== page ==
EBay went public yesterday with claims that Amazon has been illegally using the ecommerce platform’s internal messaging system to woo some of its more successful merchants over to Amazon's own online agora.
“EBay sent a cease-and-desist letter to Amazon on Monday to stop the alleged recruiting practice after determining roughly 50 Amazon sales representatives worldwide sent more than 1,000 messages to sellers on its platform, according to the letter, which was viewed by the Wall Street Journal, and a person familiar with the investigation,” the WSJ’s Laura Stevens writes in breaking the story.
“EBay investigated the matter after a seller alerted the company about 10 days ago of someone using the messaging system on eBay’s site to convince this seller to move to Amazon, the person said,” Stevens continues.
Subsequently, “EBay says it found hundreds of messages in which Amazon employees sought to skirt the company’s content monitoring -- spelling out email addresses, adding extra characters to disguise the word ‘Amazon,’ and suggesting offline contact, for example,” writes CNBC’s Sara Salinas. For example, the message might refer to “a-m-a-z-o-n Australia” or “A.M.Z.N.,” Karen Weise reports for the New York Times.
That’s allegedly a violation of California’s Comprehensive Computer Data Access and Fraud Act, which “makes it a serious crime to access a computer, computer data, or a computer network without permission (and usually with an unlawful purpose),” according to the Shouse California Law Group. “Unlike with many other forms of California fraud, you can be guilty of unauthorized access to a computer even if you don't actually defraud anyone out of money or property,” it adds.
“We have uncovered an unlawful and troubling scheme on the part of Amazon to solicit eBay sellers to move to Amazon's platform,” eBay claimed in a statement yesterday, Reuters reports. “We have demanded that Amazon end its unlawful activity and we will take the appropriate steps, as needed, to protect eBay.”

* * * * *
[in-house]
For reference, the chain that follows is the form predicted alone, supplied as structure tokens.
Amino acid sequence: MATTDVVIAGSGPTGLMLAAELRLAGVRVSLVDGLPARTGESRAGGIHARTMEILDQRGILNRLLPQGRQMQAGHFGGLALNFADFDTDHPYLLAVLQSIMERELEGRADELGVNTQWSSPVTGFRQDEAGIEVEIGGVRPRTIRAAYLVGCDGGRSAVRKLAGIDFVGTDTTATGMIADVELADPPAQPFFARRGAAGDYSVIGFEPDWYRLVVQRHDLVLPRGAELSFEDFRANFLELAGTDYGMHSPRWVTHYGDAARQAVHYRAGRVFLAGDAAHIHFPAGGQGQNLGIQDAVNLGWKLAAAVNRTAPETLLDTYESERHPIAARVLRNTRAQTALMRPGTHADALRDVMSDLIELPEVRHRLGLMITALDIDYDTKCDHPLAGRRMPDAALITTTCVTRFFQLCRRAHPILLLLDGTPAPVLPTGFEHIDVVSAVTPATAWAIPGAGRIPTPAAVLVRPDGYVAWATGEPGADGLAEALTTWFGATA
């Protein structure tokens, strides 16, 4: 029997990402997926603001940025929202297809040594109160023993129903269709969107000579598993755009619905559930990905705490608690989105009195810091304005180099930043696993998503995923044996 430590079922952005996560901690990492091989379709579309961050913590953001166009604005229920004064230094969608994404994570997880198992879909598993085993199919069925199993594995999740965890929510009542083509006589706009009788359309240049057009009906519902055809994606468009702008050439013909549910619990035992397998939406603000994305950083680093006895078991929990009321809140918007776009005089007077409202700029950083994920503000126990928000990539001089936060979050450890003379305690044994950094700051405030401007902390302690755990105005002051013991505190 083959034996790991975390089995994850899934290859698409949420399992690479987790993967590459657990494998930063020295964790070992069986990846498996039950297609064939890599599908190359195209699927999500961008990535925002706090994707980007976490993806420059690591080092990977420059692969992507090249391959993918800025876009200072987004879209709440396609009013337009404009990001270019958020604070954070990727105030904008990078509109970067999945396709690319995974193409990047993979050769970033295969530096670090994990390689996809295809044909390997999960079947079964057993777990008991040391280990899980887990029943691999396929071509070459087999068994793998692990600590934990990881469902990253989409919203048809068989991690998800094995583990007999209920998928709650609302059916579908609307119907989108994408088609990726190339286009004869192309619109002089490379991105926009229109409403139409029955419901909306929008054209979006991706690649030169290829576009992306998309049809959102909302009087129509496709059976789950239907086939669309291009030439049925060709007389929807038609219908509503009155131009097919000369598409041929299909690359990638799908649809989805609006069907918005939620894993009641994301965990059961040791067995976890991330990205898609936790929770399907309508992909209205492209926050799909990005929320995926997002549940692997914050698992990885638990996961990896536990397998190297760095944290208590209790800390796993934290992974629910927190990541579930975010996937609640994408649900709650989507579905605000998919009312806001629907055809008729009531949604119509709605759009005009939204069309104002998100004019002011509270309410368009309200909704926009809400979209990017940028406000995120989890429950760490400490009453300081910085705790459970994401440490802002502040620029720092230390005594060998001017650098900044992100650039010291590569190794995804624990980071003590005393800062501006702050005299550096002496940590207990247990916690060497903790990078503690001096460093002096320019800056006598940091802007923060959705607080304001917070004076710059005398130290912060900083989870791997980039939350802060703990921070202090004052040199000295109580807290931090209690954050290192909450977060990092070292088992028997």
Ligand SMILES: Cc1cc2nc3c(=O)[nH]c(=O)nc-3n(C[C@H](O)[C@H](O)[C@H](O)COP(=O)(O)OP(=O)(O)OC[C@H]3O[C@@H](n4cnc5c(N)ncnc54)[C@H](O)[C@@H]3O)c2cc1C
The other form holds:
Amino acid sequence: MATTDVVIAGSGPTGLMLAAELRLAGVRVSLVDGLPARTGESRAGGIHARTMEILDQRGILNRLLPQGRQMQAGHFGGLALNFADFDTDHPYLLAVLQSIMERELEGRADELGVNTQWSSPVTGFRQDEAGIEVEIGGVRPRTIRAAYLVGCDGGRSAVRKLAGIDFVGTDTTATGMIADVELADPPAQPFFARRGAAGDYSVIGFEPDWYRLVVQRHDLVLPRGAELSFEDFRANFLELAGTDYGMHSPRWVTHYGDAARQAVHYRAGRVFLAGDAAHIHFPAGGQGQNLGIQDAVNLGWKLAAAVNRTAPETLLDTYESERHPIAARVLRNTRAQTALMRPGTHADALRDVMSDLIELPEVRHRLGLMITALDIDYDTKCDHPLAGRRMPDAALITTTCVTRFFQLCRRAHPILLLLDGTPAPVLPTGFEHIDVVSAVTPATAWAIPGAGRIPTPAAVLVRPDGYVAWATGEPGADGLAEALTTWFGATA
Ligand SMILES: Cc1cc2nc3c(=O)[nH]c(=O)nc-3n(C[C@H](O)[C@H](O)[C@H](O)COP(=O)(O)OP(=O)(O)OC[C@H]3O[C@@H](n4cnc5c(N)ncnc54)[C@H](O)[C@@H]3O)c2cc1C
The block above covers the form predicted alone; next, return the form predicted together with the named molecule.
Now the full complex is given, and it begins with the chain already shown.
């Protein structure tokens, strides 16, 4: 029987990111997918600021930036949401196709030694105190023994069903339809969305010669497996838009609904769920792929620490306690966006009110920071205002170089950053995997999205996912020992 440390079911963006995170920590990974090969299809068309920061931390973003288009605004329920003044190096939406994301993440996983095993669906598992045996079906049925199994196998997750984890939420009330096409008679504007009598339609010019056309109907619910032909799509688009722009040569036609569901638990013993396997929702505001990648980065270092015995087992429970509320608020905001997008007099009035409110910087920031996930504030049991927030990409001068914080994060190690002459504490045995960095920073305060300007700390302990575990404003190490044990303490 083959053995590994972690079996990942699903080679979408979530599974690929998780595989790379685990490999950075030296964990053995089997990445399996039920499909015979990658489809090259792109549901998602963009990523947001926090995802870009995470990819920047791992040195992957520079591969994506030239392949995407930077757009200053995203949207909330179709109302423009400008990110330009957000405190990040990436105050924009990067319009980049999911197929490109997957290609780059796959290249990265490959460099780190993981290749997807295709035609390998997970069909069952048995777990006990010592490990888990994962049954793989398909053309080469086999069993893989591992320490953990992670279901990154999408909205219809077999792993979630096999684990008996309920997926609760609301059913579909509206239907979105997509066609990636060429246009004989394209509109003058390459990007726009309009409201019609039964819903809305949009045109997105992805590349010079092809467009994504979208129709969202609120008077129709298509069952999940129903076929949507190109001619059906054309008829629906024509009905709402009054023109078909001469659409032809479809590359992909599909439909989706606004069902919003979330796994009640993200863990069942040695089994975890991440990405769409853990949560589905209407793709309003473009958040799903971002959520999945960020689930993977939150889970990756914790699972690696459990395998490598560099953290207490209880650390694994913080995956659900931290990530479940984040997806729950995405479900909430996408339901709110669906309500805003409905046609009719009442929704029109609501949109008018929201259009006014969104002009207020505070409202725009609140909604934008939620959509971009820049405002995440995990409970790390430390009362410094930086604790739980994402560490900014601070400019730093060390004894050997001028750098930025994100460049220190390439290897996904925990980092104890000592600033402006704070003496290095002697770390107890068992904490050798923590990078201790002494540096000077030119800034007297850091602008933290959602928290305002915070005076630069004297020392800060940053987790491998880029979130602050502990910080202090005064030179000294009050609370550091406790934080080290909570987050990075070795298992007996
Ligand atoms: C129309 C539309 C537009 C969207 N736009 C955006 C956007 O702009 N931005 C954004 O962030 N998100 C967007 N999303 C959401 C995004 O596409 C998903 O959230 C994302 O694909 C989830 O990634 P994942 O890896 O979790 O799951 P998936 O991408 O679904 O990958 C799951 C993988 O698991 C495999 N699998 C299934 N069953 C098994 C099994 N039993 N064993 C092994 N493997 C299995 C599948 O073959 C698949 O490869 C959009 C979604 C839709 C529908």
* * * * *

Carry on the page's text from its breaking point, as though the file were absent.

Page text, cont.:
An Amazon spokesman responded: “We are conducting a thorough investigation of these allegations.”
“The heated competition for third-party sellers is a product of both a general shift in retail and e-commerce and the increasing importance of catering to small and independent businesses that do a majority, if not all, of their sales online,” observes Nick Statt for The Verge. “Increasingly, consumers are purchasing items directly from sellers through marketplaces like Amazon and eBay. That’s because companies have discovered they can get off the ground more easily by launching entire ventures exclusively online,” he continues.
Meanwhile, the platforms themselves have been evolving -- and, in some ways, converging.
“Since starting out as a pioneering online auction company, eBay has moved into more traditional e-commerce sales. Today, it says 89% of goods bought on eBay are at a fixed price -- making it more of a direct competitor with Amazon and adding to concern that its rival was trying to poach top sellers,” the NYT’s Weise reports.
At the same time, “Amazon is adding to the breadth and depth of the products on its website by attracting third-party merchants. That lets Amazon tie up less of its resources in holding inventory waiting to be sold, but it also places extra pressure on the company to attract sellers that offer the merchandise that it believes customers want,” Weise adds.
“These sellers are critical to both businesses, since the companies make billions of dollars in commissions on these sales,” points out Ben Fox Rubin for CNET.
“It's not known if Amazon will fight the cease-and-desist request. However, there are high stakes for both sides. EBay is entirely reliant on third-party sellers, and could face serious trouble if enough merchants jumped ship. Amazon, meanwhile, makes more profit from third-party marketplace sales than its own thanks to both its 15% cut and fees,” writes Jon Fingas for Engadget.
“I don’t want to compete with Amazon; I want to get as far away from Amazon as I can,” Wenig said. “I want us to stand for something fundamentally different. I want eBay to be a winner in discovery-based shopping. I want it to be a place where people think of first for the things they love, not just the things they need.”
But “pressed further, Wenig admitted that as much as he doesn’t want eBay to compete with Amazon, the two e-commerce companies do often jockey for the same audiences,” Levy adds.
That would not only be buyers, it appears, but also sellers.